Stomach Sleeve Surgery: How it Works

Posted by Jason Radecke on Tue, Oct 14, 2014

If you’re considering stomach sleeve surgery, also known as gastric sleeve surgery, you should know all about this life-changing procedure and how it works. Chat with your surgeon and learn about the pre- and post-operative guidelines and adjustments, so that you can come to an informed decision when choosing the right bariatric option for you. Read on about stomach sleeve surgery to familiarize yourself with how it works, the benefits, and if you would be a good fit for this procedure.

What is Gastric Sleeve Surgery?

The gastric sleeve procedure, also sometimes called vertical sleeve gastrectomy, removes 85 percent of the stomach. This is typically done by making several small incisions (laparoscopic). The stomach is transformed into a long tube or a “sleeve.” The new stomach can hold between 90 and 120 milliliters, and can hold one to three ounces of food before the person is full or satisfied.

The surgery usually lasts about one hour, with a two to three day hospital stay. Recovery time is about two to four weeks.  


The purpose of the gastric sleeve procedure is to essentially make the stomach smaller and help people lose weight. The surgery is used as a tool that will allow them to feel full more quickly than they’re used to. Since you eat less food, your body will stop storing excess calories and start using fat supply for energy. However, this means that life-long dietary changes must be made in order to be successful at losing weight with the sleeve gastrectomy. Smaller portion sizes, healthy meals and slower eating are just some dietary adjustments that need to become part of your everyday life.

These changes provide many benefits to your health, your mind and your body. With the laparoscopic sleeve gastrectomy, most patients see 60 to 70 percent of excess weight gone within two years of surgery. Weight loss success with sleeve surgery is also often maintained long-term, especially if patients keep appointments with their dietician or medical team, follow their recommended dietary guidelines, and are regularly physically active. There is significant reduction in many obesity-related health issues, like diabetes, high blood pressure, high cholesterol and sleep apnea.

Unlike gastric bypass, the gastrointestinal tract isn’t altered. This means that there is no dumping syndrome during the recovery process, and the risks of nutritional deficiencies are minimal. Along with the outer portion of the stomach, the hunger hormone, Ghrelin, is removed as well.  When Ghrelin levels are reduced, the desire to eat is significantly decreased. The risks of many long-term side effects and complications with the sleeve gastrectomy are greatly diminished, as opposed to the gastric bypass procedure. Even though weight loss is seen at a slower rate than gastric bypass, it is often a popular alternative do to faster recovery time.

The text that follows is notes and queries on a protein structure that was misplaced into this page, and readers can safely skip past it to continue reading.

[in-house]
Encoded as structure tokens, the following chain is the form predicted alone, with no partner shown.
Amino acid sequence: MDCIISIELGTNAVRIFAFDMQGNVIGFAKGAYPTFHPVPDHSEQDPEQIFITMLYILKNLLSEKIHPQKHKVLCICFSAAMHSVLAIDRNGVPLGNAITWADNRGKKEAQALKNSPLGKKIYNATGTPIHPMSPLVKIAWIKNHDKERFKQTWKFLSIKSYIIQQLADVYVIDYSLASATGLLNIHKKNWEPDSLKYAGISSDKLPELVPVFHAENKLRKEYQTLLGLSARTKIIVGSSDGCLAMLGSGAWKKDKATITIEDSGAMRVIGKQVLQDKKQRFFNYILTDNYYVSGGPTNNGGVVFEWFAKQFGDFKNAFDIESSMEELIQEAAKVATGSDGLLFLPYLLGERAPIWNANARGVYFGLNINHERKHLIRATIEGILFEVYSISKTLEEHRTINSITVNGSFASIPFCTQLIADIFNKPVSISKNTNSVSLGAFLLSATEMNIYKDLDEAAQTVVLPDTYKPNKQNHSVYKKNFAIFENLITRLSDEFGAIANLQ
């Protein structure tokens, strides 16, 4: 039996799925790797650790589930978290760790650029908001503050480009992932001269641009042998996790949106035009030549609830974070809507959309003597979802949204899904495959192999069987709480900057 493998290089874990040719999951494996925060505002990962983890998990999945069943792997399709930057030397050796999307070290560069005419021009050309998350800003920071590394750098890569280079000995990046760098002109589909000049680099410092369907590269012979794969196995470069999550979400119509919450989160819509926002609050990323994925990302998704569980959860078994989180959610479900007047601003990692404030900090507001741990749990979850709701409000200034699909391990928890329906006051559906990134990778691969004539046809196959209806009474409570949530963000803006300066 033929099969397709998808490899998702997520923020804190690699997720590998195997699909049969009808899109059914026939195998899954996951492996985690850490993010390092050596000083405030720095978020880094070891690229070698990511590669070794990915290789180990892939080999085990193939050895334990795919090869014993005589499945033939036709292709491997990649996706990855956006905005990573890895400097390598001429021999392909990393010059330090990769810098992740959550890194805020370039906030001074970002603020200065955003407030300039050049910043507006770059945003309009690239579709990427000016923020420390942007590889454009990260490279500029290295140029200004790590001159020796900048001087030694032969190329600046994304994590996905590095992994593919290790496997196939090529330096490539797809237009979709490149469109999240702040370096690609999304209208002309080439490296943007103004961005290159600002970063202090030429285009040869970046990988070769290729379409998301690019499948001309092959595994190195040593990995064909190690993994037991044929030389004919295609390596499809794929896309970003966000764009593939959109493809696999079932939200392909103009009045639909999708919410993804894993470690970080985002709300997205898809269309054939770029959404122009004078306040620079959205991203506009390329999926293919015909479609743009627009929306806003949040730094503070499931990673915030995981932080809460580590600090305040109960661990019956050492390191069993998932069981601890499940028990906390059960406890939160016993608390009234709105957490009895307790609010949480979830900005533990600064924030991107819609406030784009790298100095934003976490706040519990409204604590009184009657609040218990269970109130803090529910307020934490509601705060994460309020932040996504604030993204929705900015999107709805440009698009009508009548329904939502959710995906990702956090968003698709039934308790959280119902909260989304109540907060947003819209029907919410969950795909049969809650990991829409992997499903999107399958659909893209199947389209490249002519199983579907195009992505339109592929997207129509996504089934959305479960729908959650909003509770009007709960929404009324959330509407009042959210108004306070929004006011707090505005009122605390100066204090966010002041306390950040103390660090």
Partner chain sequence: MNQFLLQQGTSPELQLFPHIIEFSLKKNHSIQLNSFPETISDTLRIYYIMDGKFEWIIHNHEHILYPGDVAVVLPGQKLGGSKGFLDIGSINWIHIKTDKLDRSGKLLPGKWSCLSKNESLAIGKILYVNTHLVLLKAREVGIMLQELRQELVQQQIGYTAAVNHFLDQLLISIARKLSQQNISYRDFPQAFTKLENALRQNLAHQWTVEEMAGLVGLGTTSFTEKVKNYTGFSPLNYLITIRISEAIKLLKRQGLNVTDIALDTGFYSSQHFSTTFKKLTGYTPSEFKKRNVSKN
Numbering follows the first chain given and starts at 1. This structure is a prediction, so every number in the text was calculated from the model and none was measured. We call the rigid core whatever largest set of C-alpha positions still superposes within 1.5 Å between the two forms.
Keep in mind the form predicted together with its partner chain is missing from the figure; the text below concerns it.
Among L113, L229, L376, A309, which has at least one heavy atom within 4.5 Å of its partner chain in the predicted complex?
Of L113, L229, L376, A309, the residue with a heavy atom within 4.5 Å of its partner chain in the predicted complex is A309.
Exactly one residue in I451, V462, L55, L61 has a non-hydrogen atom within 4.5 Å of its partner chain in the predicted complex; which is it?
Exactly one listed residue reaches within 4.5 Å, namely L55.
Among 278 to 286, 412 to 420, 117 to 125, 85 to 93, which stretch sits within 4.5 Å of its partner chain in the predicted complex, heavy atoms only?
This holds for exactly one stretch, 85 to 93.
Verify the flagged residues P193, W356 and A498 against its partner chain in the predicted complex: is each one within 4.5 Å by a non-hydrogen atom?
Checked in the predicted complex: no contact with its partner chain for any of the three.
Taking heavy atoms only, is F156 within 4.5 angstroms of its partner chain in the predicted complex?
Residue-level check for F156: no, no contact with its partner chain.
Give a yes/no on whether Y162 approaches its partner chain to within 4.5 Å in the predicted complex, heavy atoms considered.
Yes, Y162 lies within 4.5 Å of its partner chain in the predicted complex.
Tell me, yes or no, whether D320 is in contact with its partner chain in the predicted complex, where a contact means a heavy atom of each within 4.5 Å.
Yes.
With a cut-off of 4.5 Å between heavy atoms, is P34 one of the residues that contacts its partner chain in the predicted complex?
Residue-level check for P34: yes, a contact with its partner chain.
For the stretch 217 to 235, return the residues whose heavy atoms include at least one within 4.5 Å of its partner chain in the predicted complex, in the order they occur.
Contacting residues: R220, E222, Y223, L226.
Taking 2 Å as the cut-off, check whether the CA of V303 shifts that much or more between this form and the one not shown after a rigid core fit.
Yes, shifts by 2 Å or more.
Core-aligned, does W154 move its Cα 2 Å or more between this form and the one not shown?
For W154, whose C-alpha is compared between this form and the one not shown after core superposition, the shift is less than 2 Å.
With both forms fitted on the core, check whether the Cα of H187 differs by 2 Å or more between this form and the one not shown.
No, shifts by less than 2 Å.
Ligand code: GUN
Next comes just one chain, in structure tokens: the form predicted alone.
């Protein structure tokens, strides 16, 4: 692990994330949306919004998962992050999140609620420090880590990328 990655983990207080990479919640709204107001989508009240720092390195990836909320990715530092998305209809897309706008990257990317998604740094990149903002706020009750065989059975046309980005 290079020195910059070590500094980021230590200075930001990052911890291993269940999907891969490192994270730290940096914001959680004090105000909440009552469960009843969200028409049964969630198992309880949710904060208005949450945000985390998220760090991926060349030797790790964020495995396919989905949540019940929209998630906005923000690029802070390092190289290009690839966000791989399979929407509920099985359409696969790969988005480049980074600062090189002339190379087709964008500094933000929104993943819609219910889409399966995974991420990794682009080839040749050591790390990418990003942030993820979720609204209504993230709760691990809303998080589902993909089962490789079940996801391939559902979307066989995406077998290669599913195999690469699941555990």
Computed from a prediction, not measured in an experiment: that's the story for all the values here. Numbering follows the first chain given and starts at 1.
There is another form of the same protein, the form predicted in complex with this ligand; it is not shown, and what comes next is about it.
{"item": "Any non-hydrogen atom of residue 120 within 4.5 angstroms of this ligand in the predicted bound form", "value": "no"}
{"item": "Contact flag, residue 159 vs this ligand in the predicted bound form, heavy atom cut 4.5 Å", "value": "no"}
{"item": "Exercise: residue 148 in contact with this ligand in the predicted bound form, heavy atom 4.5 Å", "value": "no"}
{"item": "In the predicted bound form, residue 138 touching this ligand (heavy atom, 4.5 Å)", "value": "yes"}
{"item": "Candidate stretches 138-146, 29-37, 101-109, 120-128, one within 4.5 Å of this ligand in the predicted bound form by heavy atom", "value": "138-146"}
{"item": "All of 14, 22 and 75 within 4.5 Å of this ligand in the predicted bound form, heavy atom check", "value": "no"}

Are You a Candidate for Gastric Sleeve?

Weight loss surgery is suitable for many different people, but generally those who have not been able to lose weight with diet, exercise or medicine alone. It’s important to remember that the surgery is a tool to help you lose weight. It won’t instantly fix your weight problem. It requires discipline and lifestyle changes that will ultimately result in a healthy, successful weight loss outcome.

A sleeve gastrectomy is performed for many reasons. For people who are extremely obese or have some health problems that restrict them from the gastric bypass procedure, gastric sleeve surgery is oftentimes a go-to option. The surgery can also be part of a two-step weight loss plan. This involves an initial gastric sleeve surgery as step one. Once significant weight loss is achieved, the second step of the process, typically a duodenal switch procedure, can result in even further weight loss.

Once you and your surgeon determine that you qualify for bariatric surgery, you will decide together which surgery is right for your specific needs. Candidates for this surgery typically have a Body Mass Index (BMI) over 40. This translates to about 100 pounds overweight for men and 80 pounds overweight for women. A sleeve gastrectomy may also be an option for people with a BMI between 35 and 40 if they suffer from chronic or life-threatening complications related to obesity.

If you’re considering bariatric surgery as a weight loss solution, get all of your questions answered. Find the one that fits the needs of your goals and aspirations. Attend a free webinar session with Riverside Surgical to get started and see if bariatric surgery is right for you.


Tags: What is Lap-Sleeve Surgery

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